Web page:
I spent the better part of the past week talking to NBA people about John Stockton with the intentions of writing a bunch of nice words about the league's all-time assists king for today's column...

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I spent the better part of the past week talking to NBA people about John Stockton with the intentions of writing a bunch of nice words about the league’s all-time assists king for today’s column.


The good folks in Salt Lake City are retiring his No. 12 jersey tomorrow, which seemed to be a perfect time to extol the virtues of all that was once good and right about the NBA.


But then, mayhem erupted on the Palace of Auburn Hills’ floor on Friday and the NBA doesn’t seem all that virtuous anymore. Perhaps, it never was.


I was going to examine Stockton’s career and try to make sense of how someone so small and scrawny carved out a reputation as one of the toughest, meanest and dirtiest players the game has ever seen.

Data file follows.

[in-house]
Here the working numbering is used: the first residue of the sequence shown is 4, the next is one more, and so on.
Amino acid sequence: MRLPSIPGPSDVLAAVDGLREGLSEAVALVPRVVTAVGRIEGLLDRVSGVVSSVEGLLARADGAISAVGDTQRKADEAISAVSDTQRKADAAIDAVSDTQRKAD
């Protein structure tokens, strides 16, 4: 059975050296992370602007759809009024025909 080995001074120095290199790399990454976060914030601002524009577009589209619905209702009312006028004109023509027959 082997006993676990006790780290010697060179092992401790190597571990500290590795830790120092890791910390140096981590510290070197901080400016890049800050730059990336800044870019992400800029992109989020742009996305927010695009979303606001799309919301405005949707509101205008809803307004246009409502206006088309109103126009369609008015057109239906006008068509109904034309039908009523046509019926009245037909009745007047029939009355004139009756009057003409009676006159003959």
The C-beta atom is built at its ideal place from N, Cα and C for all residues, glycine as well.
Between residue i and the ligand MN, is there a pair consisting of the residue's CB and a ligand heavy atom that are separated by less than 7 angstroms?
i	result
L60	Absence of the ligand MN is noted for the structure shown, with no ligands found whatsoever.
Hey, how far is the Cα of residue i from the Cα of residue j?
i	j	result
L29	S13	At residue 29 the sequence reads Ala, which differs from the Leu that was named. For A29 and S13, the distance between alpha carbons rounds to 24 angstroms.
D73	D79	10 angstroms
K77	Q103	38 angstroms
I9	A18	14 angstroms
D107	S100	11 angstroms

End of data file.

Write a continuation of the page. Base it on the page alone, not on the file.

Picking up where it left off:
At his worst — and believe me, Stockton was a masterful cheap-shot artist — Stockton wasn’t half the menace that Ron Artest has become. He was booed and jeered at opposing arenas, but never did he elicit the venom that Artest brings out in the opposition.


“There’s being tough, which is something that Stockton was, and there’s being something entirely different, which is what’s going on in some of these other players,” New Jersey Nets guard Jason Kidd said. “No one ever called Stockton a thug.”